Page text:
Industry Watch

Intel unveils new processors

Intel Corp. this week will announce its new Pentium II and Celeron 400 MHz mobile processors.

Besides raising processor performance for the last time before Intel releases its Pentium III mobile processors this fall, the PII 400 is the first processor to use the 0.18-micron process technology, said Intel product marketing manager Sam Wilkie. This technology improves system performance and increases battery life by using less power than the previous 0.25-micron chip. And by consuming less power, this technology also reduces the amount of heat generated by the processor - a major concern in mobile systems.

Among other features, the processor includes Intel's QuickStart and Deep Sleep technologies to further extend battery life and Intel's Wired for Management feature for network management and connectivity.

While some agencies may be interested in the 400 MHz Celeron processor, which later this year also will be moving to the 0.18-micron technology, Intel is continuing to position the Celeron as the solution for the consumer and value markets, Wilkie said.

"The PII processors are focused more for government users," he said.

In conjunction with the Intel announcement, manufacturers such as Dell Computer Corp. and Toshiba America Information Systems Inc. released additions to their notebook lines with the new processors. Most took advantage of the lower power consumption of the new Pentium II processor to offer users even more features, such as additional memory and larger hard drives.

"A lot of them are looking to buy at the high end of the technology curve and ride that down over time," said Jay Parker, Dell's Latitude product manager.


HUD selects Sprint

Sprint Government Systems Division last week announced that the Department of Housing and Urban Development had selected Sprint to provide voice and data services via the General Services Administration's FTS 2001 contract. Sprint currently provides these services to HUD through GSA's FTS 2000 program.

A Sprint spokesman said HUD plans to upgrade its telecommunications infrastructure to incorporate more advanced data services, and Sprint expects to use the FTS 2001 contract to offer frame-relay and Asynchronous Transfer Mode services to the department in the future. Sprint currently provides mostly voice service to HUD, he said.


EPA to buy telecom support

The Environmental Protection Agency last week kicked off a procurement for nationwide voice telecommunications support, with a request for comments. The National Telecommunications Support contract, an 8(a) set-aside, is estimated by Federal Sources Inc. to be worth $50 million over five years.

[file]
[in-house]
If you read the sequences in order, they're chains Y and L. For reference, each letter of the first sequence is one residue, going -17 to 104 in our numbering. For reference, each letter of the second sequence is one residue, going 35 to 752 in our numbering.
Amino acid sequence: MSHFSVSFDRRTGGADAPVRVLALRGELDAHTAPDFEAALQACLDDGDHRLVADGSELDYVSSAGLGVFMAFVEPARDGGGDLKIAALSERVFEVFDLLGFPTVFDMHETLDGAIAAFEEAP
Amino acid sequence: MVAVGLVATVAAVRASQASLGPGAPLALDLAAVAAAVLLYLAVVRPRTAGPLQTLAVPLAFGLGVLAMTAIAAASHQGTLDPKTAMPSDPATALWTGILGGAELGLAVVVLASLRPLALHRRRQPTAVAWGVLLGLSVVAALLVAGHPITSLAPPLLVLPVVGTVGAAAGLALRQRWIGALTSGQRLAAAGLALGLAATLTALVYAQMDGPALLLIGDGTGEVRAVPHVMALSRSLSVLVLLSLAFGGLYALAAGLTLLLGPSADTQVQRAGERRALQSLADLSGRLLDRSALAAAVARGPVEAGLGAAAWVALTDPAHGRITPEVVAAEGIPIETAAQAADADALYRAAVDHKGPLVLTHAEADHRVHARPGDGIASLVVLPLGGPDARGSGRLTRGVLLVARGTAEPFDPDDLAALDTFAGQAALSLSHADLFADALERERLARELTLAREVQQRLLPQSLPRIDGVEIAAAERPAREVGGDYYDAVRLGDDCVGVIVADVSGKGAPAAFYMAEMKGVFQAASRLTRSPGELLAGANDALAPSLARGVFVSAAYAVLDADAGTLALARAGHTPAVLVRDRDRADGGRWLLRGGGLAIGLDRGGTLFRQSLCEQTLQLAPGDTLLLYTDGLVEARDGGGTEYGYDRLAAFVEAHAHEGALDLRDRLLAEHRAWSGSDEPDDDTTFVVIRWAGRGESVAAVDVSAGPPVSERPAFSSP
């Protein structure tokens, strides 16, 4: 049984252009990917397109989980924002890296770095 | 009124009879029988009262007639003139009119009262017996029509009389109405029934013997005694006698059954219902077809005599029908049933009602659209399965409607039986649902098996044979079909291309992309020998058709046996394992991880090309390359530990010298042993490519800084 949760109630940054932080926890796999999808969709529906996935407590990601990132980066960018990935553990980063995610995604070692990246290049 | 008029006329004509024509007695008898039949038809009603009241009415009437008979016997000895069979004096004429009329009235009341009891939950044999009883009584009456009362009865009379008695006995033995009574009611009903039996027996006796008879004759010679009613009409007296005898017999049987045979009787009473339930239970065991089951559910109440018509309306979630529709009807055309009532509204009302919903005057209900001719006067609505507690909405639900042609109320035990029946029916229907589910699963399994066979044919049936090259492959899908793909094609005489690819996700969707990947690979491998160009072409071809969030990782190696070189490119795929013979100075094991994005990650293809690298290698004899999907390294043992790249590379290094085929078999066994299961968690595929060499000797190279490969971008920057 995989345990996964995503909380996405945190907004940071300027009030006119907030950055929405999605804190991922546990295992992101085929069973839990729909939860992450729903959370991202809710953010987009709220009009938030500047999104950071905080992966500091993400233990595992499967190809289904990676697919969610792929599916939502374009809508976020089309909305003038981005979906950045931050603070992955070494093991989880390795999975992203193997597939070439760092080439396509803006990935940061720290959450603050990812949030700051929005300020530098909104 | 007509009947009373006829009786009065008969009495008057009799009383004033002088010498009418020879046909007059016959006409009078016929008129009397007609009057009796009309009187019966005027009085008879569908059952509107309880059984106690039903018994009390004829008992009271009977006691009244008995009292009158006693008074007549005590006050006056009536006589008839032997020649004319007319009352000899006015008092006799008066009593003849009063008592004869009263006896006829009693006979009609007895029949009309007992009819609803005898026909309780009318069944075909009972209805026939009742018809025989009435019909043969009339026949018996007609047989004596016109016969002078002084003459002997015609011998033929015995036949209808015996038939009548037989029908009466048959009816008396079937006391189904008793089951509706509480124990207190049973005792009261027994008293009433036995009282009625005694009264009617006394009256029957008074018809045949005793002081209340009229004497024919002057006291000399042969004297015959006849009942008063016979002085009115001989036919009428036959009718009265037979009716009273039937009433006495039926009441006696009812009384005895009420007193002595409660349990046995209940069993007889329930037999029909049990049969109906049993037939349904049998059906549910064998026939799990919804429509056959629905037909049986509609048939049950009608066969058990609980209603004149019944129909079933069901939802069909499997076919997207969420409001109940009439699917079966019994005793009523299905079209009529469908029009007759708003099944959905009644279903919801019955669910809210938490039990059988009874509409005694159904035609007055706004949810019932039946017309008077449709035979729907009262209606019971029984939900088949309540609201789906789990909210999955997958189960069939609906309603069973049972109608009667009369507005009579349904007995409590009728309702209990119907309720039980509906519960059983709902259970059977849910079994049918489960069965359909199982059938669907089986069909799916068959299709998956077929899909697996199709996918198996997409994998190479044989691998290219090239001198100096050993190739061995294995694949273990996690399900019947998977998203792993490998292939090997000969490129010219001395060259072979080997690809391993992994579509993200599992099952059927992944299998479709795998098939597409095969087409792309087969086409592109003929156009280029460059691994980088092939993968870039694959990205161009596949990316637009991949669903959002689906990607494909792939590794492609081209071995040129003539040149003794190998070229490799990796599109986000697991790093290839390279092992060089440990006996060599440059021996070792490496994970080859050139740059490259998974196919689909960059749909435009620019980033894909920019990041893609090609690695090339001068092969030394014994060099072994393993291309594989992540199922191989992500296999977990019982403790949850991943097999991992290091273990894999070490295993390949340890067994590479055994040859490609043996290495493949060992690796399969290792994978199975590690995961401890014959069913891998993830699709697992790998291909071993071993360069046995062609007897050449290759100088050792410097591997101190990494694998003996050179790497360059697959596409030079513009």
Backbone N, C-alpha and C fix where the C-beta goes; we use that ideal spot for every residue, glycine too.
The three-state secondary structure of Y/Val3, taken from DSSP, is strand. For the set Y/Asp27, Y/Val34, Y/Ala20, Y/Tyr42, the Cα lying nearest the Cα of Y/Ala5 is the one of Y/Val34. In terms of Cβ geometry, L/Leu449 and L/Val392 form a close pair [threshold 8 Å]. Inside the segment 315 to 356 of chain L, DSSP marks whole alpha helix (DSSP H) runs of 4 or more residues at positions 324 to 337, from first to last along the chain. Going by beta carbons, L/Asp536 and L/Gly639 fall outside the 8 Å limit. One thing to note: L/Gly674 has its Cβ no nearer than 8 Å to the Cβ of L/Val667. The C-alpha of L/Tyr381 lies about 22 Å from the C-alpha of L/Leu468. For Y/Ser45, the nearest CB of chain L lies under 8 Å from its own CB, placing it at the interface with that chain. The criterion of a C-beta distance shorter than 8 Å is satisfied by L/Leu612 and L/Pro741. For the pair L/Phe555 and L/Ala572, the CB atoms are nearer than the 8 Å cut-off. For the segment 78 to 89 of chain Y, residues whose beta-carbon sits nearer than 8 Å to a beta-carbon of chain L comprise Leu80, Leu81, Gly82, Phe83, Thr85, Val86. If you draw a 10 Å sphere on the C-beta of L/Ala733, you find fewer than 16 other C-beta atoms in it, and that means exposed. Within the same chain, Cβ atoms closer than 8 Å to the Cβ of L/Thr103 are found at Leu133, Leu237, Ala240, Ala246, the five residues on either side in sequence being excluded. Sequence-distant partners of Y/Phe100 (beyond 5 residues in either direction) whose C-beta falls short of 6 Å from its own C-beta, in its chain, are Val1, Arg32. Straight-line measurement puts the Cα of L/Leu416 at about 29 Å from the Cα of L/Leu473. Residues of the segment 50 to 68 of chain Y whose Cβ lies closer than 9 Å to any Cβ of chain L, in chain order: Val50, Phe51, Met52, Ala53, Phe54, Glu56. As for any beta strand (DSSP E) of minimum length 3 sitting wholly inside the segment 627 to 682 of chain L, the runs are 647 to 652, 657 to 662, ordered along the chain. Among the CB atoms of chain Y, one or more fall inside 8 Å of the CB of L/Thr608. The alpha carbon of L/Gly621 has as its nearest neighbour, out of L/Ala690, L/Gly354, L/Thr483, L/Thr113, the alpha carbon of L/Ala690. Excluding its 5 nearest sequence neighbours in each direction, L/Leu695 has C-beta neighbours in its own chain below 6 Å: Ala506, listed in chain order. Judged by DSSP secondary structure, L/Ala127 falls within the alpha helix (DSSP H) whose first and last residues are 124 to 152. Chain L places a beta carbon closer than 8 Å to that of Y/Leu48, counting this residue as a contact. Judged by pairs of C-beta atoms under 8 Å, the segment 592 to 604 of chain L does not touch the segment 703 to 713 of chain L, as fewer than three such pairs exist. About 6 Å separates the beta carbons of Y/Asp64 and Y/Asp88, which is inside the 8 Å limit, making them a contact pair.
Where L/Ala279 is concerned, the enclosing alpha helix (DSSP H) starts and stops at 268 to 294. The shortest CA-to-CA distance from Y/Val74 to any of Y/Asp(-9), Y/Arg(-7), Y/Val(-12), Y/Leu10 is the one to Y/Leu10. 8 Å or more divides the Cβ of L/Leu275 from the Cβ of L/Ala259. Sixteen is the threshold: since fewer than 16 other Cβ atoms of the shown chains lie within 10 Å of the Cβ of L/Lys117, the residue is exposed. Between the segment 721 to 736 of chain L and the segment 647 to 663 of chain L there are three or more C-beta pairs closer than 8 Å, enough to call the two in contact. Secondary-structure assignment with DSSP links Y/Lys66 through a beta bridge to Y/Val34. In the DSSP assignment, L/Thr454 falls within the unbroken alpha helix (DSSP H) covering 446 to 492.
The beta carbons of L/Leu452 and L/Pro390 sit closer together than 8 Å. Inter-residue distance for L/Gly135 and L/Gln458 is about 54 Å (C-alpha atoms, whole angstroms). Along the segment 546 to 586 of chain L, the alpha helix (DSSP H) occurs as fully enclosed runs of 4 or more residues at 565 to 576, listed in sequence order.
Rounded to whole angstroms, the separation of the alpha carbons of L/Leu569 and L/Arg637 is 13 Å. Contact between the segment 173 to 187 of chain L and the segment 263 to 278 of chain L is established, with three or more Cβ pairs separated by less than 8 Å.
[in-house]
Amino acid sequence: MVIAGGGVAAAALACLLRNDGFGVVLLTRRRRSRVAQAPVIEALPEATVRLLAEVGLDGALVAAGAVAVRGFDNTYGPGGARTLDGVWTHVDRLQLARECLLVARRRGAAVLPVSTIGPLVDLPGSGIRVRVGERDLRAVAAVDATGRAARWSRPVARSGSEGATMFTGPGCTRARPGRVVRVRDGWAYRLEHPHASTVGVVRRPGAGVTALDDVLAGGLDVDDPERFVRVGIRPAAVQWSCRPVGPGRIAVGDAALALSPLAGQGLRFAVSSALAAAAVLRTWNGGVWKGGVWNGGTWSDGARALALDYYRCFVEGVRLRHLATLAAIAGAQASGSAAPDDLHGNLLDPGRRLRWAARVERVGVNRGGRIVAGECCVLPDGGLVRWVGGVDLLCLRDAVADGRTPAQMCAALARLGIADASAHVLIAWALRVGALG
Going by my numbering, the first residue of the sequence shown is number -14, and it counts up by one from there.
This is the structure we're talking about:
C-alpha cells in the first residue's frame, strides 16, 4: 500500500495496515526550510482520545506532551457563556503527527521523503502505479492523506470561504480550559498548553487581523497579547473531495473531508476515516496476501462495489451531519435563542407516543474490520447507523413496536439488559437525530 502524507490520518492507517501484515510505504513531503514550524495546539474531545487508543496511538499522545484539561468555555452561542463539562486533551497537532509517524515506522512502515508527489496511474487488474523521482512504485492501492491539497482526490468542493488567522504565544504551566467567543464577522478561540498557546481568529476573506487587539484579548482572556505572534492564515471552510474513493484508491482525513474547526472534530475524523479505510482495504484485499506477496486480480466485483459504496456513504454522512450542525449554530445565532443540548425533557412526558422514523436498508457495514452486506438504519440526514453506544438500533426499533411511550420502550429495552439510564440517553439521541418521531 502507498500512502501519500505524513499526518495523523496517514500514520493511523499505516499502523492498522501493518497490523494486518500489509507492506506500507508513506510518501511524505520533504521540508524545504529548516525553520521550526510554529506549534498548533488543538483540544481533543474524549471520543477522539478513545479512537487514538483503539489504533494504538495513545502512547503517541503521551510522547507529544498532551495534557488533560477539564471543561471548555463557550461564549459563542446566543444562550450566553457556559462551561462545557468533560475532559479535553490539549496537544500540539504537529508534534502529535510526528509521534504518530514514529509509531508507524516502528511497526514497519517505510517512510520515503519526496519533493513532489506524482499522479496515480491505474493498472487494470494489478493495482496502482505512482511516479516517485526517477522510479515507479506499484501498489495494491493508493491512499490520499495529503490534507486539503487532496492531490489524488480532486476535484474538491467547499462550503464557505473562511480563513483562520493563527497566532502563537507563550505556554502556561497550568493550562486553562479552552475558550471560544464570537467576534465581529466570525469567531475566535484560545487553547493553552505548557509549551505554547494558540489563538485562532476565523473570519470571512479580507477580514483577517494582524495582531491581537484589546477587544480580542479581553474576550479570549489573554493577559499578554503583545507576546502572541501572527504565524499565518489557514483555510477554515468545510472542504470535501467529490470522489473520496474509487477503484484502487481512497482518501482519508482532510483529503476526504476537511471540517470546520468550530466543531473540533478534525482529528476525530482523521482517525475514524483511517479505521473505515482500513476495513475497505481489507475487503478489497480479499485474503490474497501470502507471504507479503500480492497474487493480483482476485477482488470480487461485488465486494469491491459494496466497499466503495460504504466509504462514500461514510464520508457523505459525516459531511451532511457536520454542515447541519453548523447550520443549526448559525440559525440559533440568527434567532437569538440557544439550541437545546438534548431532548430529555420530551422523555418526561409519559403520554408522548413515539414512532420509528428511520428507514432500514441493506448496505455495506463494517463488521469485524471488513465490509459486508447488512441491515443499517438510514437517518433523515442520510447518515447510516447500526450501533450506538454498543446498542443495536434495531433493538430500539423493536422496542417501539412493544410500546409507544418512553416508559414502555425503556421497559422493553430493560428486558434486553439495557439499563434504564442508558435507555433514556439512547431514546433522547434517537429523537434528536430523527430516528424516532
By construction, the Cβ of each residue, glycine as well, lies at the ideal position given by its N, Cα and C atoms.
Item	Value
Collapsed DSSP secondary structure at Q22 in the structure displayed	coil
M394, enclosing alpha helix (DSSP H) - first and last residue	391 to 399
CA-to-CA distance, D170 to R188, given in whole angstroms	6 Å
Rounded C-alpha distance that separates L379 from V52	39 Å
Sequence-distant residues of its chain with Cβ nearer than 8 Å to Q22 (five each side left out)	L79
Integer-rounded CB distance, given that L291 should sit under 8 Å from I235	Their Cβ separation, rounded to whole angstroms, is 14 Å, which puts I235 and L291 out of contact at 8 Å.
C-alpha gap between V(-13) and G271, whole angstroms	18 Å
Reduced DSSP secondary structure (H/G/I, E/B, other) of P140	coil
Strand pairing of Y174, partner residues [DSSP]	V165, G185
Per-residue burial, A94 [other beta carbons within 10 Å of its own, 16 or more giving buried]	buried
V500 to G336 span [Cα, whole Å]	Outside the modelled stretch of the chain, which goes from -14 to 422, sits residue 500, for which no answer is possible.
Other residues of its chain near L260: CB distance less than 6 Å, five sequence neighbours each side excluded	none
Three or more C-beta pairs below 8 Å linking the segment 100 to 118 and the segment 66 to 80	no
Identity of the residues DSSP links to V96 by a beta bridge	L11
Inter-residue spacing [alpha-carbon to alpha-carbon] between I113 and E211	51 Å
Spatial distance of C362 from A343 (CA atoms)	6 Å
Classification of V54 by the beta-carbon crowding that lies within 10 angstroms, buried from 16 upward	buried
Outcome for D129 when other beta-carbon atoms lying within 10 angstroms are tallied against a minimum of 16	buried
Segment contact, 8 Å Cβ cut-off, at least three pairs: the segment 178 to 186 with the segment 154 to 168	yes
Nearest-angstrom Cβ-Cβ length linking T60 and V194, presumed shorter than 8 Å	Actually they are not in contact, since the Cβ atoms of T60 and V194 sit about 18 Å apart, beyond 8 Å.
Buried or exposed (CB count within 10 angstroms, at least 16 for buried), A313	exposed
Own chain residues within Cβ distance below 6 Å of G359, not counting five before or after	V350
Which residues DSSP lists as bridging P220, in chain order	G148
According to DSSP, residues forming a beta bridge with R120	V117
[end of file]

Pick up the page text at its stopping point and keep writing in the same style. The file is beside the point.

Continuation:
The buy, for telephone, videoconferencing and related services, is the last of five acquisitions that the agency has conducted in the past three years to obtain a broad range of information technology support.

DynCorp is the incumbent vendor. Of the other four contracts, Science Applications International Corp. won the deal for systems development; SRA International Inc. holds a contract for consulting; and Lockheed Martin Information Support Services holds two contracts for network and computer support. The EPA hopes to release a request for proposals in early August and award a contract by December.

About the Author

Connect with the FCW staff on Twitter @FCWnow.


  • Congress
    Rep. Jim Langevin (D-R.I.) at the Hack the Capitol conference Sept. 20, 2018

    Jim Langevin's view from the Hill

    As chairman of of the Intelligence and Emerging Threats and Capabilities subcommittee of the House Armed Services Committe and a member of the House Homeland Security Committee, Rhode Island Democrat Jim Langevin is one of the most influential voices on cybersecurity in Congress.

  • Comment
    Pilot Class. The author and Barbie Flowers are first row third and second from right, respectively.

    How VA is disrupting tech delivery

    A former Digital Service specialist at the Department of Veterans Affairs explains efforts to transition government from a legacy "project" approach to a more user-centered "product" method.

  • Cloud
    cloud migration

    DHS cloud push comes with complications

    A pressing data center closure schedule and an ensuing scramble to move applications means that some Homeland Security components might need more than one hop to get to the cloud.

Stay Connected


Sign up for our newsletter.

I agree to this site's Privacy Policy.